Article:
1994 Chevrolet Silverado emergency brake light stays on

  • 5.7L
  • V8
  • 2WD
  • 160,000 MILES
Lost braking power and ebrake light came on and stays on replaced the wheel cylinder on rear drivers side due to leak and ebrake light remains on. When I depress the ebrake the light just gets brighter brake has improved a little bit but not much. What could be causing my problems?
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Monday, February 16th, 2015 AT 12:08 PM

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Wow. You noticed an observation only real experienced mechanics know to look for. There's two or three different switches that turn on the red "Brake" light, and when you see it get brighter, it means that switch isn't the one causing the problem. In this case the light is not on due to a parking brake that is failing to fully release. That leaves the pressure-differential switch, or, if your vehicle uses one, the fluid level switch in the master cylinder reservoir.

First check the fluid level. If it's low, add just enough to turn the light off. Don't fill it to the top unless the front disc pads are fairly new. Replacing the pads means pushing the pistons back into the calipers, and that sends all that brake fluid back up to the reservoir. If it was filled previously, all that fluid will spill over and make a mess. You can simply unplug the level sensor to see if the warning light goes out. If it does, that's all the further you have to look for that problem.

Based on the fact you don't have a satisfactory pedal yet, it is almost certain there is still air in the line to the rear, and the pressure-differential switch is tripped. To verify that, follow the two metal lines from the master cylinder down to the combination valve right under it on the frame rail. Unplug the connector right in the middle of it. If the light goes off, that switch is stuck. It turns on when unequal pressures build up in the front and rear hydraulic systems, as in when there's a leak or air in one part. On Fords that switch can be REAL frustrating to get it centered and turned off again. On GMs and Chryslers that switch is spring-loaded, but they often stick once they've been tripped. A good hard jab on the brake pedal usually pops them free, then they'll center themselves and turn off.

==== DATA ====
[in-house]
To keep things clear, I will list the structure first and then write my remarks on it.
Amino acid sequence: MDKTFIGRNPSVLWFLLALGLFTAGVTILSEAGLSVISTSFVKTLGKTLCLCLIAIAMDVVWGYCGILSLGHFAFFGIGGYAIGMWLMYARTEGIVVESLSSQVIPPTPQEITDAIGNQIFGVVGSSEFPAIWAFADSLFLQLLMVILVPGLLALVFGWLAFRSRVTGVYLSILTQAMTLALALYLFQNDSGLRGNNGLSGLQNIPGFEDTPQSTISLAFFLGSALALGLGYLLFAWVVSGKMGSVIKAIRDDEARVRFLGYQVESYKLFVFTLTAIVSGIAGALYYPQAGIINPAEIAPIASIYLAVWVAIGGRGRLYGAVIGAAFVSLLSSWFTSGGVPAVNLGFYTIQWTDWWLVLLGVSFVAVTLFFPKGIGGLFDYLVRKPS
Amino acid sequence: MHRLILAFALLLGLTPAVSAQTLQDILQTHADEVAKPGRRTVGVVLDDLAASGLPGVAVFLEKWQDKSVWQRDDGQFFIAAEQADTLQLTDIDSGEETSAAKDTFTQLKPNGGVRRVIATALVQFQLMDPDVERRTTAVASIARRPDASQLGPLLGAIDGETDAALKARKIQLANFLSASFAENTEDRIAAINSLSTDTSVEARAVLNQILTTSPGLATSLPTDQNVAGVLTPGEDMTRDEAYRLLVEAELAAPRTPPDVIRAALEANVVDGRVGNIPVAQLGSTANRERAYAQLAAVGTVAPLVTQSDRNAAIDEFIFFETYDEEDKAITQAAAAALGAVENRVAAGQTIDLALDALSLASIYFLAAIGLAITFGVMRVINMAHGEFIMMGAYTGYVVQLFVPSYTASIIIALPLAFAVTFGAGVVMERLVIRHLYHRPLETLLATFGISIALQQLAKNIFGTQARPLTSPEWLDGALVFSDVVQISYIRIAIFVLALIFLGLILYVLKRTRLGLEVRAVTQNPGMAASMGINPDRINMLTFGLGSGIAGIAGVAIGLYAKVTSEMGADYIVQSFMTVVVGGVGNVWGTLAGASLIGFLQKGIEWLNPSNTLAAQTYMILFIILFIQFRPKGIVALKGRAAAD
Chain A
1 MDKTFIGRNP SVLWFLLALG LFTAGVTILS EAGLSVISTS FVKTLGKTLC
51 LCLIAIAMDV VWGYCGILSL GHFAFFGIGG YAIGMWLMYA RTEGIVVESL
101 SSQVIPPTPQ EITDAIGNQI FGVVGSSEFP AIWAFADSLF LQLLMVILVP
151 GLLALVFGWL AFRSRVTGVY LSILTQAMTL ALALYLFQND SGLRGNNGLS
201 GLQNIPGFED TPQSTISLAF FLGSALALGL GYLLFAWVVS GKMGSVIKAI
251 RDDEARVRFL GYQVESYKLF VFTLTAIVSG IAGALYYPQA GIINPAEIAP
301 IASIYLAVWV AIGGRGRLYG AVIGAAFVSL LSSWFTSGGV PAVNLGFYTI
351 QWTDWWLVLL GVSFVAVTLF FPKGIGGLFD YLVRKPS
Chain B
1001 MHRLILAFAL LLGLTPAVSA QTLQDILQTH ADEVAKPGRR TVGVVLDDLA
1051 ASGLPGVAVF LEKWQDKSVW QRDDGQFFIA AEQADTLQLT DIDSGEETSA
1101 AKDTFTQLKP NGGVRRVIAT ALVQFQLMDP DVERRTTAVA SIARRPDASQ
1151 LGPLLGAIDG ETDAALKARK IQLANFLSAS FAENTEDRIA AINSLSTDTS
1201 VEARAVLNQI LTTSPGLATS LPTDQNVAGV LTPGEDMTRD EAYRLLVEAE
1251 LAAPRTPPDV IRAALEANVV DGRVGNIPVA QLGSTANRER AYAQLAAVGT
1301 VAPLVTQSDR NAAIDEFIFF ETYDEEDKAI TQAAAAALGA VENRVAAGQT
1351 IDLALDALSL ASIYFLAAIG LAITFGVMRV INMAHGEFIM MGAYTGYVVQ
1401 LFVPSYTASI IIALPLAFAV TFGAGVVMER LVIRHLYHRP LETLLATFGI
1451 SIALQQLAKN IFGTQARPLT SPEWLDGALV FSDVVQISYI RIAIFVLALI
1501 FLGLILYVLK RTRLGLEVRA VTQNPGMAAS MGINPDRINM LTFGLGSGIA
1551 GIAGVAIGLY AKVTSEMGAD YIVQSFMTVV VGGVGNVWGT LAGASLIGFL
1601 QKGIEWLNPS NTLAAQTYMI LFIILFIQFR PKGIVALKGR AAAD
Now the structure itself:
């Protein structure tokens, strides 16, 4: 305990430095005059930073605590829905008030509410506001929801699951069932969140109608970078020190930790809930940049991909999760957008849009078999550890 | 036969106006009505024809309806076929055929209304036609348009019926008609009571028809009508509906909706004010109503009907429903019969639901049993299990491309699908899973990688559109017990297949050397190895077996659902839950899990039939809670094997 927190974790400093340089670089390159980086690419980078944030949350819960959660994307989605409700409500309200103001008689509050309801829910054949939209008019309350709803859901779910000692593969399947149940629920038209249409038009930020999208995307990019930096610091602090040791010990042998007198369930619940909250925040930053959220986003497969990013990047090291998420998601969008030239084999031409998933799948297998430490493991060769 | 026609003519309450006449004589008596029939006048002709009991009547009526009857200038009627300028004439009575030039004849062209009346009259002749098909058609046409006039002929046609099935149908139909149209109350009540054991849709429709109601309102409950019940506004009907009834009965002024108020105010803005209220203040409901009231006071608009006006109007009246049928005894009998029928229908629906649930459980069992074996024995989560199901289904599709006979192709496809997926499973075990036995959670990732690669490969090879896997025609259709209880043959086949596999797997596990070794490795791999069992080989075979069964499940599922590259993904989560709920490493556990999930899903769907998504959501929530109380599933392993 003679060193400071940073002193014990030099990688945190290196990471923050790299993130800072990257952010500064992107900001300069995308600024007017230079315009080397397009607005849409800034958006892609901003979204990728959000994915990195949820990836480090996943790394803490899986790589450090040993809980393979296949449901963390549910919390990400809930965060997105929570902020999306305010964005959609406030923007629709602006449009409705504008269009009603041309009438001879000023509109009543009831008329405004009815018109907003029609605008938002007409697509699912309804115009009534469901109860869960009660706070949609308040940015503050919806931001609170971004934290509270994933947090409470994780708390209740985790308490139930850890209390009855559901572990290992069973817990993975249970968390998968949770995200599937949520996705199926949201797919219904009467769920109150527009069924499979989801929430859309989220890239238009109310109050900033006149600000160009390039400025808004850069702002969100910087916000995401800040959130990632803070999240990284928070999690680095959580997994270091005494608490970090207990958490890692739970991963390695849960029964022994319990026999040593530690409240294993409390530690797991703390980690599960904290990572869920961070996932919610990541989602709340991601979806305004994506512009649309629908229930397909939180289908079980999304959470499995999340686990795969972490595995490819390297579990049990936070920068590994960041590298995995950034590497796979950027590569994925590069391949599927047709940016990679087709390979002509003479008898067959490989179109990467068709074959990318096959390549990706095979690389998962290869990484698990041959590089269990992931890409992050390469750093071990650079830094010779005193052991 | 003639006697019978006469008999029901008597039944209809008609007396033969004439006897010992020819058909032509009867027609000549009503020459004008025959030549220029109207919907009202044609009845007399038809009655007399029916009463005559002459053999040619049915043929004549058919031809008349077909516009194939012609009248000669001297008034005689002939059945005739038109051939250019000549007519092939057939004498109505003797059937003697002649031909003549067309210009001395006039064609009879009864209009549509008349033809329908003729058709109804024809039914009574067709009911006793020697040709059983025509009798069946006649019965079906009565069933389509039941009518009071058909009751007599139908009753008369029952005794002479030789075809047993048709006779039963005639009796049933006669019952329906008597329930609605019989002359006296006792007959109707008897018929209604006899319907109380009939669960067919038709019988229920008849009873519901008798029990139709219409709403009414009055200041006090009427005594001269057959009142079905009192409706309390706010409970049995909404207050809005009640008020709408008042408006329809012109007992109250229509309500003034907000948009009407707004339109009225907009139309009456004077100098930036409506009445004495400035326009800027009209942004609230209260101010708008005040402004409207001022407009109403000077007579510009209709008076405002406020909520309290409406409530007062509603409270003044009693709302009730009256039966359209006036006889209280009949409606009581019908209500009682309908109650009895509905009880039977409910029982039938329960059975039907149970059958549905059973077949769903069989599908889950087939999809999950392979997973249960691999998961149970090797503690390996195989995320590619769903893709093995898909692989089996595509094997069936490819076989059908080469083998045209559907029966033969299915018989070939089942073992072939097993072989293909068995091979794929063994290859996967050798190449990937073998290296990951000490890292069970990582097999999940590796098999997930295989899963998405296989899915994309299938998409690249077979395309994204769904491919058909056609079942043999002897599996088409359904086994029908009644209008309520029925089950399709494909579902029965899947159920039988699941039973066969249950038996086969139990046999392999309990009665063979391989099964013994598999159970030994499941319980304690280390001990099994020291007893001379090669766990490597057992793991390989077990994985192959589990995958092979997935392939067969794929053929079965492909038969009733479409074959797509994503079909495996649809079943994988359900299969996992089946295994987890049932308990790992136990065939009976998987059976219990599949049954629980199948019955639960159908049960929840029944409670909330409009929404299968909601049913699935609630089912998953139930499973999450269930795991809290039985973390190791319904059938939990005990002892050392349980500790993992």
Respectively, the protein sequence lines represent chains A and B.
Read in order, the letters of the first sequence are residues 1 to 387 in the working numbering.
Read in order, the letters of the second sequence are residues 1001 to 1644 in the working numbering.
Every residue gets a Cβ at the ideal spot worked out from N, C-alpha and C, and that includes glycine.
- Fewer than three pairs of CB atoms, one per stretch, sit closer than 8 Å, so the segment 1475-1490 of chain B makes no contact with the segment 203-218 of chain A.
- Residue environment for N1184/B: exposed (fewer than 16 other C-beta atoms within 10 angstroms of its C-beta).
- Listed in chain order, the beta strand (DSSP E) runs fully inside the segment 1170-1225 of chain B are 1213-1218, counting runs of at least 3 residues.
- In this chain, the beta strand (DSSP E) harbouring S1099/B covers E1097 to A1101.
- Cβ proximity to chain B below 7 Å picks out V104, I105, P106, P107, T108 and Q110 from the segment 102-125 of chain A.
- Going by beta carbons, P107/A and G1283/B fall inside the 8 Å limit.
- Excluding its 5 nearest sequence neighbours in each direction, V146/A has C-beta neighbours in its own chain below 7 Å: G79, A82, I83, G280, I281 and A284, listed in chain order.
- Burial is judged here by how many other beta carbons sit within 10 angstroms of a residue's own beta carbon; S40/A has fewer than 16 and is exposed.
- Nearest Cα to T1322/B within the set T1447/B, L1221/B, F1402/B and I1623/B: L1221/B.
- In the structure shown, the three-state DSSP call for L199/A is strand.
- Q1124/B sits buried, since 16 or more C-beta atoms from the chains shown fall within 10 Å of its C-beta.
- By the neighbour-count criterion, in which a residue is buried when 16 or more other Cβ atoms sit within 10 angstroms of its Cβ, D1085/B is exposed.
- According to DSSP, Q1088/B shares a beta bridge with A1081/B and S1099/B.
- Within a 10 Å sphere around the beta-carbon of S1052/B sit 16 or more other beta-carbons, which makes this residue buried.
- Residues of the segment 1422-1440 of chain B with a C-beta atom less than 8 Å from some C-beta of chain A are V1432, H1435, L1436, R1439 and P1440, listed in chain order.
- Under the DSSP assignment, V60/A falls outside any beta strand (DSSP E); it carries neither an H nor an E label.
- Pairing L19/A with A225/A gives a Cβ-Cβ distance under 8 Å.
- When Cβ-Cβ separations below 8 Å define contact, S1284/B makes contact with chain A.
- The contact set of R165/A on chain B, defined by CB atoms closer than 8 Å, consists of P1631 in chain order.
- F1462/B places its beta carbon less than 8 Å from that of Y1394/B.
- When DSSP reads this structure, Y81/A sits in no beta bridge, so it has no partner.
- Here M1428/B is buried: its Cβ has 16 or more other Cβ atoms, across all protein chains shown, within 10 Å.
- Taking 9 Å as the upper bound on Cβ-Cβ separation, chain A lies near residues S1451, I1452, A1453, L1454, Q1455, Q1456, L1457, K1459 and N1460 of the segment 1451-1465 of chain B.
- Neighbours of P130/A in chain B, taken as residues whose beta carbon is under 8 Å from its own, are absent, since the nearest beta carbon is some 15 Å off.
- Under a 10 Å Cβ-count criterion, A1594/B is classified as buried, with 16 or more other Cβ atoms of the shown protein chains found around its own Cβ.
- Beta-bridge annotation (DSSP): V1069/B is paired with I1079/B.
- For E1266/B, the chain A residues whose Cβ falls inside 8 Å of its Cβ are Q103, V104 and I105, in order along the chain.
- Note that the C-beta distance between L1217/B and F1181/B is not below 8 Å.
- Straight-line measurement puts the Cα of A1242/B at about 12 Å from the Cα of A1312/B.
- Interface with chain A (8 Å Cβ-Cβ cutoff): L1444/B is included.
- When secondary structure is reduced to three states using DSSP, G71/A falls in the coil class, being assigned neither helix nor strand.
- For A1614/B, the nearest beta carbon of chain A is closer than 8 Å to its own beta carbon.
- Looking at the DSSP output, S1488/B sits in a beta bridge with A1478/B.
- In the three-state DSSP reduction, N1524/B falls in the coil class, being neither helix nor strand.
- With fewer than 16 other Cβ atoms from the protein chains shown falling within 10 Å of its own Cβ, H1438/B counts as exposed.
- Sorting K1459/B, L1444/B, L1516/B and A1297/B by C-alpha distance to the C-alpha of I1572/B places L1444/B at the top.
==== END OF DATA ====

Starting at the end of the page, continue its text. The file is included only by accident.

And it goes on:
If the master cylinder ran empty while you were replacing the wheel cylinder, that entire line will have to be bled. Watch for clear, new fluid coming out of the bleeder screw. To prevent that next time, use a stick between the seat and brake pedal to hold the pedal down about an inch. No fluid will run out of the master cylinder while a hydraulic system is open. Later, remove the stick and just let the wheel gravity-bleed for a few seconds, and you're done.
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Monday, February 16th, 2015 AT 12:50 PM

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